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Earlier this month, a Florida appellate court issued a written opinion in a premises liability case brought by a woman who tripped on a water valve while walking on a public road. The appeal resulted from a lower court decision finding that the water company did not have a duty to maintain the asphalt area around the valve, which had become separated from the valve, resulting in the valve sticking up above ground level. However, the appellate court reversed the lower court’s decision, holding that the water company may still have a duty to maintain the valve, even if the accident was caused in part by the surrounding asphalt becoming separated from the valve.

Cracked AsphaltThe Facts of the Case

The plaintiff was walking on a public road when she tripped and fell on a water valve cover that was protruding from the street’s surface. As a result of her fall, the plaintiff sustained injuries and filed a personal injury lawsuit against both the water company as well as the city that owned the road. The plaintiff argued that the water company had a duty to keep the valve in safe condition and to prevent it from becoming a hazard to pedestrians, such as herself.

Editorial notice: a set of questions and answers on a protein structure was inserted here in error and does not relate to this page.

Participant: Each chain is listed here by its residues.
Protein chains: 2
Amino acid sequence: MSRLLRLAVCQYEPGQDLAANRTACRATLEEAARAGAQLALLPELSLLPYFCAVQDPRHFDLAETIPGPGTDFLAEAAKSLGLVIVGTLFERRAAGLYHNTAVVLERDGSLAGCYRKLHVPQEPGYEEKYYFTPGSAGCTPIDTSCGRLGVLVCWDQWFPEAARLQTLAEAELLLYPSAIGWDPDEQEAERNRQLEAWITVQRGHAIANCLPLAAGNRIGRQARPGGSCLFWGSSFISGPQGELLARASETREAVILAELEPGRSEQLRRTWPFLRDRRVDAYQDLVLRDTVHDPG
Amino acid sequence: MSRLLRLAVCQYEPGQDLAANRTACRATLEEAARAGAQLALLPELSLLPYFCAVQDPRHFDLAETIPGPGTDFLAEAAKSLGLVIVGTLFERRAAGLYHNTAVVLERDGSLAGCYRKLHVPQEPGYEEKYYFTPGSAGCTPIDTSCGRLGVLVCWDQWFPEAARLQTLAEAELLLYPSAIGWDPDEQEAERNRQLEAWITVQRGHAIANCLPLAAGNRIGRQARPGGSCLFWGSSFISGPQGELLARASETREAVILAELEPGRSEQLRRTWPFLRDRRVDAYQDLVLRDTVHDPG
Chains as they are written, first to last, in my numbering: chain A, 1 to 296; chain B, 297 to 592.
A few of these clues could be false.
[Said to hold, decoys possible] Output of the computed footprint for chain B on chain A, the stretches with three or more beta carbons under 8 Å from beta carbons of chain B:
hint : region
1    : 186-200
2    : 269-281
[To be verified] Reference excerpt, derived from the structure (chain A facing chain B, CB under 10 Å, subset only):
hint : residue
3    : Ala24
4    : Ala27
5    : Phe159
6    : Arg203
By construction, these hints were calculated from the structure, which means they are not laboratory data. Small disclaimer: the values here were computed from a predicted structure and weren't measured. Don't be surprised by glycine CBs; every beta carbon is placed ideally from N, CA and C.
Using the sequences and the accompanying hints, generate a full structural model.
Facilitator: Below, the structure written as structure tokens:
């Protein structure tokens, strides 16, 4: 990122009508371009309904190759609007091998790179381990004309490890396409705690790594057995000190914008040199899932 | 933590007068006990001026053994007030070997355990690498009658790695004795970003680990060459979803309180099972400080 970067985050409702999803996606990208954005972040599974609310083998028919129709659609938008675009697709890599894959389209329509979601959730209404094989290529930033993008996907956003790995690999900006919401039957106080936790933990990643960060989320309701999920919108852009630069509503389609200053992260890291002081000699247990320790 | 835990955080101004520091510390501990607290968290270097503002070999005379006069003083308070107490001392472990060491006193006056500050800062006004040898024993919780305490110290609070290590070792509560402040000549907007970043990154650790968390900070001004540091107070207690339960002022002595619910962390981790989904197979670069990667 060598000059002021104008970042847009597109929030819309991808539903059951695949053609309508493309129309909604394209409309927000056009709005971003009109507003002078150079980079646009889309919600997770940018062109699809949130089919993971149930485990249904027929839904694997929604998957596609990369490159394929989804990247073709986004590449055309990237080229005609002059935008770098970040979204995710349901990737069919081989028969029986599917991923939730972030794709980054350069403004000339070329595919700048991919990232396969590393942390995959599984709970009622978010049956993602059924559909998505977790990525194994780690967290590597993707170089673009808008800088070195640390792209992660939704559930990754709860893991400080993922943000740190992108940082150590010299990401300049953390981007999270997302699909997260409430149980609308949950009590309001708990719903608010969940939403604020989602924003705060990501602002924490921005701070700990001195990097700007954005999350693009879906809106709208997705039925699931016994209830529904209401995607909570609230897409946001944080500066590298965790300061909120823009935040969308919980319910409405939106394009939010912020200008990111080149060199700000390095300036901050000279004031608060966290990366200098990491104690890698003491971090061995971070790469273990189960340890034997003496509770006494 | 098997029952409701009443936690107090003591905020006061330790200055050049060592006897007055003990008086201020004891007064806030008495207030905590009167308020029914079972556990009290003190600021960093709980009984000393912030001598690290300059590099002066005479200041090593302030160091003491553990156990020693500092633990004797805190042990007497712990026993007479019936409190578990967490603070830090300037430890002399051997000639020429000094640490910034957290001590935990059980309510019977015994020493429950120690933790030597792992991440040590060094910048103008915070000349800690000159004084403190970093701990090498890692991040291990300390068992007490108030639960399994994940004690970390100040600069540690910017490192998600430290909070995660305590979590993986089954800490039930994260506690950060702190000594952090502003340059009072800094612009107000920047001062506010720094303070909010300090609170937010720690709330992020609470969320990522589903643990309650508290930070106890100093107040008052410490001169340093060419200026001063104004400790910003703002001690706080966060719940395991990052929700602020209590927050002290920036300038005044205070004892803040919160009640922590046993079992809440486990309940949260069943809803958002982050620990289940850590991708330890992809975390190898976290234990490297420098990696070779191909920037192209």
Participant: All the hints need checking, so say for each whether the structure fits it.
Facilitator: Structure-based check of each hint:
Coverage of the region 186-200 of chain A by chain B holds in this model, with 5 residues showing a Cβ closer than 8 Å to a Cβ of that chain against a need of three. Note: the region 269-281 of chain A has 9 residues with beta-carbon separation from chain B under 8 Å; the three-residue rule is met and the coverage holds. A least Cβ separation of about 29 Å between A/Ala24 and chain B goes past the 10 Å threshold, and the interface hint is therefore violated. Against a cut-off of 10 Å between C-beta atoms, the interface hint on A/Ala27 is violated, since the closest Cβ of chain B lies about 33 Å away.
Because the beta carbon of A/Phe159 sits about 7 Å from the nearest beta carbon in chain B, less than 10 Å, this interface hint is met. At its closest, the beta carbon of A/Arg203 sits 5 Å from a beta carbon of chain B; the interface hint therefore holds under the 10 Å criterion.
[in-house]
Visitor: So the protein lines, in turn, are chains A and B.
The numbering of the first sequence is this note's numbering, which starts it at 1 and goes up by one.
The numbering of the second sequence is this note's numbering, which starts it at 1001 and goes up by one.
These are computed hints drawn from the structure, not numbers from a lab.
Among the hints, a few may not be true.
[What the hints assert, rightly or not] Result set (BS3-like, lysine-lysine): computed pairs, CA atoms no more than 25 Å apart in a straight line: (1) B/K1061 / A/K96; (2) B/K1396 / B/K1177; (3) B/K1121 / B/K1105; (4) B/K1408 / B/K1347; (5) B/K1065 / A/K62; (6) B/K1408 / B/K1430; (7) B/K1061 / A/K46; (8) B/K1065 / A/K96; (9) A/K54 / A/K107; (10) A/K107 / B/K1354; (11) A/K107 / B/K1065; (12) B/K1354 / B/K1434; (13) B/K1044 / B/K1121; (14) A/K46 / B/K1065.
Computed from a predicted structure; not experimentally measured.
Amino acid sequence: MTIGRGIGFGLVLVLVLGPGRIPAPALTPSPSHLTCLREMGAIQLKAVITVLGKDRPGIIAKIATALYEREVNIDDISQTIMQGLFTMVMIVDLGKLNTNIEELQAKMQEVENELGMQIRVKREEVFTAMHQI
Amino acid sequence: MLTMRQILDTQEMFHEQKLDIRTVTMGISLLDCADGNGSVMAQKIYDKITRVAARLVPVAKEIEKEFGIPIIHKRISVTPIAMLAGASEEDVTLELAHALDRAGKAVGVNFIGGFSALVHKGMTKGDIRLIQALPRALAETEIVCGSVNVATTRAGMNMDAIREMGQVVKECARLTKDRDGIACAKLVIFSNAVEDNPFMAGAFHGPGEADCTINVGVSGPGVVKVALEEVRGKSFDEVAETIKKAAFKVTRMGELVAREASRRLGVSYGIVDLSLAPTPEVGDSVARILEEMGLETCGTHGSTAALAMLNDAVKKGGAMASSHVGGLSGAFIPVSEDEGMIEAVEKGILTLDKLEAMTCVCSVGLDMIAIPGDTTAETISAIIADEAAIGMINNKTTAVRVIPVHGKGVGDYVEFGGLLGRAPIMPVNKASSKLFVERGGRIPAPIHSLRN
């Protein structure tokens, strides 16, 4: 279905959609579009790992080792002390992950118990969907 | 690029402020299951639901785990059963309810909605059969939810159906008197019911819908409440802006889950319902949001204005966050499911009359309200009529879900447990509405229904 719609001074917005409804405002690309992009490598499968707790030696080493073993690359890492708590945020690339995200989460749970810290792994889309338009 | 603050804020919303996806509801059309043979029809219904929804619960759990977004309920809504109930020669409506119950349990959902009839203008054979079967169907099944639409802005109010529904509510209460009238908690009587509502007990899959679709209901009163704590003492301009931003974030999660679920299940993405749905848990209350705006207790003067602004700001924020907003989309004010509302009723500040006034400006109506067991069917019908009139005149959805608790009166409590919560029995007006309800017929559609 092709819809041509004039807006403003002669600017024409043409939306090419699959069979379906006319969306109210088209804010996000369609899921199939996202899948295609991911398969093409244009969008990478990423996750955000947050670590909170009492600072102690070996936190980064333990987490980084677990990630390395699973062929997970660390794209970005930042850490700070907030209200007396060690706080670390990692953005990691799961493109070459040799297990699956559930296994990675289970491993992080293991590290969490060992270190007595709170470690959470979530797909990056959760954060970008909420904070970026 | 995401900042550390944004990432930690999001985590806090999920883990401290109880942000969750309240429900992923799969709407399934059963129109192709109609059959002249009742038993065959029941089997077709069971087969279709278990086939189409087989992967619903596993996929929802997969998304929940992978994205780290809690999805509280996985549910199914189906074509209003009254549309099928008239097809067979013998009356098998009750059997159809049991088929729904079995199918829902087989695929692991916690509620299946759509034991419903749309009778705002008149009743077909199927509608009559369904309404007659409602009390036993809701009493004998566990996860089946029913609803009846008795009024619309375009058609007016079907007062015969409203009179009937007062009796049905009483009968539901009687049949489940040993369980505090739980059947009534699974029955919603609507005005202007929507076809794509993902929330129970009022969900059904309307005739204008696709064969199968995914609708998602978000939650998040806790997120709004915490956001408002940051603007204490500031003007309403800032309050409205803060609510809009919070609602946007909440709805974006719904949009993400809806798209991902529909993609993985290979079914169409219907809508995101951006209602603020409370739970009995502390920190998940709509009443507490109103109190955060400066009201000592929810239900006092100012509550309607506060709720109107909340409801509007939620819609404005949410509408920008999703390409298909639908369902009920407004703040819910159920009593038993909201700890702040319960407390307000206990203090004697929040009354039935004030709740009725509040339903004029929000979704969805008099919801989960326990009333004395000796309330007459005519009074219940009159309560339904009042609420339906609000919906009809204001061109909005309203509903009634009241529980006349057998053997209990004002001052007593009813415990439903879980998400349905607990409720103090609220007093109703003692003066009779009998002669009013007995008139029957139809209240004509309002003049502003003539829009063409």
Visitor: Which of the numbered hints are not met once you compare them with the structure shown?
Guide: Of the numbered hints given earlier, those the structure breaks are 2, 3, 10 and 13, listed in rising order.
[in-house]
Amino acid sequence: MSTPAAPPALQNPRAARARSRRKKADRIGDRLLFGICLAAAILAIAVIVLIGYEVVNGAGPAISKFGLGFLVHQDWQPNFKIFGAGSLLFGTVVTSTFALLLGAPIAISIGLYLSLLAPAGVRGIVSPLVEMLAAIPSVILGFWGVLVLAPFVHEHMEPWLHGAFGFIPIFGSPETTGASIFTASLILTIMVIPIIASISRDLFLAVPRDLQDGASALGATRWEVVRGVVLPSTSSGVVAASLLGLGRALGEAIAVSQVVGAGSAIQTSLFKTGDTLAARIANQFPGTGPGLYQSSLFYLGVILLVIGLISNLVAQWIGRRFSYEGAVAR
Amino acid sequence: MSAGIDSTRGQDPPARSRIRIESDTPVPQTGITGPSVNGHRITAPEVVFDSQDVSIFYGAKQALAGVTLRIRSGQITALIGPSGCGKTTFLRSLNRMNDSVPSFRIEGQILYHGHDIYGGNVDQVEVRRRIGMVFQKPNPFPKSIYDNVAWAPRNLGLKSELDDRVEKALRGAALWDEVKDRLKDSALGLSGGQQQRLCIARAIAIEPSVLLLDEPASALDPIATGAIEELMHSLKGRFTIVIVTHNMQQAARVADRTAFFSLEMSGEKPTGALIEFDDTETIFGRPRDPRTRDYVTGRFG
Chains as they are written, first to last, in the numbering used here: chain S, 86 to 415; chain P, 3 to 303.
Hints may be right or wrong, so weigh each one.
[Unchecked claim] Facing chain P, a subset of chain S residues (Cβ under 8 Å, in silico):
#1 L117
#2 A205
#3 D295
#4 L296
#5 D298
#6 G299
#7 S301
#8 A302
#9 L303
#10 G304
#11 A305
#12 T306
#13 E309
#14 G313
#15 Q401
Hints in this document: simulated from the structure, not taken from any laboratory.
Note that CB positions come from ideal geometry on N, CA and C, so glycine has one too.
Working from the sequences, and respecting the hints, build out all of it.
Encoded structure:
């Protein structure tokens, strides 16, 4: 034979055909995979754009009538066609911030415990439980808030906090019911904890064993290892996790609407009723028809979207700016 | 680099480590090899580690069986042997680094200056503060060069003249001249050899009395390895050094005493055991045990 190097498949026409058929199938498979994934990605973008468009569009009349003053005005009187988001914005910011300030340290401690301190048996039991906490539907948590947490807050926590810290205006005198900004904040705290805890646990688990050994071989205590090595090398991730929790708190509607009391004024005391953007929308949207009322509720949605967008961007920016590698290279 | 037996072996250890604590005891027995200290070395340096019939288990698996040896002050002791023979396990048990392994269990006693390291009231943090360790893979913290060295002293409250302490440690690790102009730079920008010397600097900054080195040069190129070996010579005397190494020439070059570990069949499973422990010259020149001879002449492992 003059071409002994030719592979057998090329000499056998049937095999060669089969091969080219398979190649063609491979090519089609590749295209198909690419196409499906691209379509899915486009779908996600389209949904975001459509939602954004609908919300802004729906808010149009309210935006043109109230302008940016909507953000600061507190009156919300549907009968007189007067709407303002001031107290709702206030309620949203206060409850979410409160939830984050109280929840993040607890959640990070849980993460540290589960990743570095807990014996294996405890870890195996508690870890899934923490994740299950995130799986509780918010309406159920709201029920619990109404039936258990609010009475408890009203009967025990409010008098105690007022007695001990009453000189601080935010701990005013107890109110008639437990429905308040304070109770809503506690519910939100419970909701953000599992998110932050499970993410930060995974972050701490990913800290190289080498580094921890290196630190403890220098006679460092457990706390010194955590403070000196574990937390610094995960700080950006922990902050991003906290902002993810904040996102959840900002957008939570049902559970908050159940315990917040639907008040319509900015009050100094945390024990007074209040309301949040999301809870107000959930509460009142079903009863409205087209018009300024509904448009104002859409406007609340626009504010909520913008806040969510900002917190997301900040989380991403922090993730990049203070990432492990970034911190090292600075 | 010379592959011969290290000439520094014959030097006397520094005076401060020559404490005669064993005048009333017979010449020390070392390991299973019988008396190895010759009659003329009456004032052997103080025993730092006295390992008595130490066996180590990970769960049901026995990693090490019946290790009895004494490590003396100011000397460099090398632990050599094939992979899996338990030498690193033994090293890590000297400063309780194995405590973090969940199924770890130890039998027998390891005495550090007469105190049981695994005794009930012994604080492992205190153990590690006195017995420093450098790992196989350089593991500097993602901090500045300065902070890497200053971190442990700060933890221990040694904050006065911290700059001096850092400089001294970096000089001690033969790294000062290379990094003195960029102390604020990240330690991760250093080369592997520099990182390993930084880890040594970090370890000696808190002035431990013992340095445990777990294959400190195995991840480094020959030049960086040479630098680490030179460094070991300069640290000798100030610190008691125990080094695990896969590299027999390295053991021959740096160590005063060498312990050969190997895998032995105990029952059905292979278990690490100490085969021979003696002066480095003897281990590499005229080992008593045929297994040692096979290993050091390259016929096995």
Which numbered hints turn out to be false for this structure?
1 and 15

At trial, evidence was presented that showed the valve had separated from the surrounding asphalt, causing the valve to protrude above ground level. After the accident, the water company leveled the asphalt around the valve so that further injuries would not occur.

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Anika-Guevara-Smaller-215x300Attorney Anika Milian was selected to be part of the Florida Bar Journal/News Editorial Board standing committee of the Florida Bar. She will serve a term of three years beginning on July 1, 2017 and ending on June 30, 2020.

Members of this committee advise and assist the editorial staff to develop current articles of interest and concern to the legal profession, and then select for publication only the most worthy and notable manuscripts.

“I’m honored to be part of this important committee and I look forward to contributing to the great work of this publication,” said Milian.

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In general, a child’s actions are not judged by the same standard as an adult. The liability a minor may face varies from state to state. In fact, some states define liability based on a child’s age. Under Florida law, however, there is not a defined age at which a minor will be judged at a lower standard than an adult.